Finally, part 4, which bears the same title as the book, has a single chapter looking to the future. Here Andreasen underscores both the exciting developments she foresees in "conquering mental illness in the era of the genome" and some of the risks connected with this vision, such as genetic engineering, as well as the dangers our field confronts today.

In a lengthy discussion of the possible dehumanization of psychiatry, Andreasen reviews three forces that the field has confronted over the past few decades: the "biological revolution"; emphasis on empirical description and objective diagnosis created by DSM-III and DSM-IV; and the "economic revolution" in health care, including the impact of managed care. She argues that while each of these has brought progress, each "also carries the potential for abuse or misuse." Andreasen rightly critiques psychiatric education and points out the need for psychiatrists in training "to be taught to think first about the whole person and to appreciate that each one is interesting and unique, not simply a composite of symptoms that are used to make a DSM diagnosis and provide treatment according to a standard algorithm, making the erroneous assumption that one size fits all."

This book is an excellent resource for anyone who wants to learn about psychiatry as it stands at the beginning of the new millennium. Consumers, family members, and advocates as well as trainees in all mental health disciplines will find it an excellent overview by one of our preeminent psychiatrist-neuroscientists. Clinicians and supervisors will benefit from this book as well. While the author is clearly a "biological psychiatrist," she understands the dangers of reductionism and presents a well-balanced approach to mental illness as part of the human condition.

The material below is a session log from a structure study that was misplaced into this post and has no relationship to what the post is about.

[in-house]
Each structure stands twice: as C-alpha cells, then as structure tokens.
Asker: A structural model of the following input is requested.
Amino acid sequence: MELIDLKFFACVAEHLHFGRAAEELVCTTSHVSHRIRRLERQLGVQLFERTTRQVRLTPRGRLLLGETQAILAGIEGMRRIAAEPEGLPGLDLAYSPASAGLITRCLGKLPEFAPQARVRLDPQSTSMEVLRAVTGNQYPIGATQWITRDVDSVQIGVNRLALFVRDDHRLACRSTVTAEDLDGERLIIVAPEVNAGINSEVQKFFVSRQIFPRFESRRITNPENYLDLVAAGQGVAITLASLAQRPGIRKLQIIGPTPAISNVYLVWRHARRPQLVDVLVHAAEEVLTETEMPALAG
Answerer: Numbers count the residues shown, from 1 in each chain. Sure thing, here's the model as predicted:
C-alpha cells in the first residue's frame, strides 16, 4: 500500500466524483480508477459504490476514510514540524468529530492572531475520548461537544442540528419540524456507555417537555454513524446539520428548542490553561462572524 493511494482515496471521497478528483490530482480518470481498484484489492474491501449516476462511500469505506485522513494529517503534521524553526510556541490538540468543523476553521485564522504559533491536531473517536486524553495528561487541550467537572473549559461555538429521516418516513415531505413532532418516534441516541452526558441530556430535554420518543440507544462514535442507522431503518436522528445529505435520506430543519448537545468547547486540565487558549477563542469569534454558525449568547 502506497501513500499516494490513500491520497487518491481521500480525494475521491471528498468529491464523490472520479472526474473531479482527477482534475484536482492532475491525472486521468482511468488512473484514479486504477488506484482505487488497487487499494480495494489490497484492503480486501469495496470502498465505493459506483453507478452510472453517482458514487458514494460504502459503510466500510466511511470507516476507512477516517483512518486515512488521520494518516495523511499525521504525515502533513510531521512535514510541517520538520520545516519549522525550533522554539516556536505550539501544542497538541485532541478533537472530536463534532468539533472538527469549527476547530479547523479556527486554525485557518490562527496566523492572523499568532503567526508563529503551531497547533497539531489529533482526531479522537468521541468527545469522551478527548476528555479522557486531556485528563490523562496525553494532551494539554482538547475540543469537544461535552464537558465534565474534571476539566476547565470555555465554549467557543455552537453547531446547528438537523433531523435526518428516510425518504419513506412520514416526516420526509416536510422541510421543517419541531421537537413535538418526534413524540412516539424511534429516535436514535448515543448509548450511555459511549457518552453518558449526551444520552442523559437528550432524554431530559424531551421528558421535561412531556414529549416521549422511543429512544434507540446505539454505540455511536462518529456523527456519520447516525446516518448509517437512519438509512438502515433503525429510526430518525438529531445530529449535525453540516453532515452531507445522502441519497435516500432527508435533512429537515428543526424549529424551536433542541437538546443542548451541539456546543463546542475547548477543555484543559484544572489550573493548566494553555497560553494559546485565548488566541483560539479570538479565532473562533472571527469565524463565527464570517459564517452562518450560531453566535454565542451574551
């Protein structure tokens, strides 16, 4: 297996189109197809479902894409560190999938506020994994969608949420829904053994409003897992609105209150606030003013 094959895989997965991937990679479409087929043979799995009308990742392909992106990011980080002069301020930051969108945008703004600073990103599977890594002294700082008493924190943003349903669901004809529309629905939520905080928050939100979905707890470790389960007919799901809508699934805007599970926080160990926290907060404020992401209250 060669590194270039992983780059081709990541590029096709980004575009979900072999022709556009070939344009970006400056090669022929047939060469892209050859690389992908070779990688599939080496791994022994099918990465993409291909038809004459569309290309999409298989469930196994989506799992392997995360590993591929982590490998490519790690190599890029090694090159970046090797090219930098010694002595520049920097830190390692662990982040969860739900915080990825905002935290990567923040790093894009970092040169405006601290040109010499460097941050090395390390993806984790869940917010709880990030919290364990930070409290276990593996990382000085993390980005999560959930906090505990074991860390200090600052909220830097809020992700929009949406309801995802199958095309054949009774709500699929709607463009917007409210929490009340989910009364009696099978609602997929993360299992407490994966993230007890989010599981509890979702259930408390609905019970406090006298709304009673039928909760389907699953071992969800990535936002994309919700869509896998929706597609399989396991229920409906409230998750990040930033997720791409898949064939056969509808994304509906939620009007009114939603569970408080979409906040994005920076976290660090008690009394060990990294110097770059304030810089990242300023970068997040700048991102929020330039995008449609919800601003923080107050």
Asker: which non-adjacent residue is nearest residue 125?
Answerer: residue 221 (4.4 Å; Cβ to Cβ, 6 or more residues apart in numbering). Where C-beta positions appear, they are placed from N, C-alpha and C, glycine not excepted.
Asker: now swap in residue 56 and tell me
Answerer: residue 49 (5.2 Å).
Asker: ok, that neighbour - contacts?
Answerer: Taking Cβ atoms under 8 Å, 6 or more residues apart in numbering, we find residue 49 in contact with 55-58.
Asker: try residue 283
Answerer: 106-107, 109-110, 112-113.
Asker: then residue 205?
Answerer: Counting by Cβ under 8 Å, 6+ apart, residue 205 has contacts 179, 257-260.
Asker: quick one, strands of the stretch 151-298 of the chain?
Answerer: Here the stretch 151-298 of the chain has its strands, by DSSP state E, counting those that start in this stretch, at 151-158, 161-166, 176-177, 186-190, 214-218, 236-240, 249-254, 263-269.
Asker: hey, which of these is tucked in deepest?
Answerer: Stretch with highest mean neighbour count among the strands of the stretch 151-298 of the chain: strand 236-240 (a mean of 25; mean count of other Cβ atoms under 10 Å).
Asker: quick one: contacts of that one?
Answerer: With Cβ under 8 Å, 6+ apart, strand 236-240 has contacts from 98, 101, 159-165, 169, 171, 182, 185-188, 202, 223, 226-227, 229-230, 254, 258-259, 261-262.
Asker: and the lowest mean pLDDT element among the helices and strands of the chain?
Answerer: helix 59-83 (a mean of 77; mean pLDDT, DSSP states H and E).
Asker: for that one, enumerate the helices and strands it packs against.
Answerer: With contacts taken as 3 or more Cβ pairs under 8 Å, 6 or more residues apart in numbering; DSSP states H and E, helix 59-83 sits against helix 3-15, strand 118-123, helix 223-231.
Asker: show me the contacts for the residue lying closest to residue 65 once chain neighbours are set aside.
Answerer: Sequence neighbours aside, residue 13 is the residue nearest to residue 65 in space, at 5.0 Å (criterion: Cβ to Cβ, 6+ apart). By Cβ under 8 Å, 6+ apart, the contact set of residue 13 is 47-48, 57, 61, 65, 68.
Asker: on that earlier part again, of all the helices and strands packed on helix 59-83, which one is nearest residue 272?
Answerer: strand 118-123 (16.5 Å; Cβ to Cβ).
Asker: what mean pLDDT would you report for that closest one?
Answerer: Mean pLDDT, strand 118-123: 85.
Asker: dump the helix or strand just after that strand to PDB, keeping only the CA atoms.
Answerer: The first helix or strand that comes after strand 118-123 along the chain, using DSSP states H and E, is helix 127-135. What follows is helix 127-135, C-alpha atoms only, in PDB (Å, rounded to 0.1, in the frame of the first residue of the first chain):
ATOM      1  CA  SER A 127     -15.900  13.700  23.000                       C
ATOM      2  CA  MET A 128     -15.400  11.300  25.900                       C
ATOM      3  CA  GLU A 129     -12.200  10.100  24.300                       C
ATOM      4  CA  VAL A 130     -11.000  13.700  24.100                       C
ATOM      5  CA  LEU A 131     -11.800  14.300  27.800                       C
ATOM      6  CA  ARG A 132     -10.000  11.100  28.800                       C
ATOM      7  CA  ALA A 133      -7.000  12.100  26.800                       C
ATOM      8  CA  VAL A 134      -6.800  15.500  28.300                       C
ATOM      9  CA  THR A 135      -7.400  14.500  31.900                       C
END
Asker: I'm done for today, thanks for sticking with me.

Dr. Munetz is chief clinical officer for the Summit County (Ohio) Alcohol, Drug Addiction, and Mental Health Services Board and professor of psychiatry at the Northeastern Ohio Universities College of Medicine in Rootstown.

Menninger KA: The Human Mind. New York, Literary Guild of America, 1930
 
Andreasen NC: The Broken Brain: The Biological Revolution in Psychiatry. New York, Harper & Row, 1984
 
Huxley A: Brave New World. Garden City, NY, Doubleday, Doran & Co, 1932
 
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References

Menninger KA: The Human Mind. New York, Literary Guild of America, 1930
 
Andreasen NC: The Broken Brain: The Biological Revolution in Psychiatry. New York, Harper & Row, 1984
 
Huxley A: Brave New World. Garden City, NY, Doubleday, Doran & Co, 1932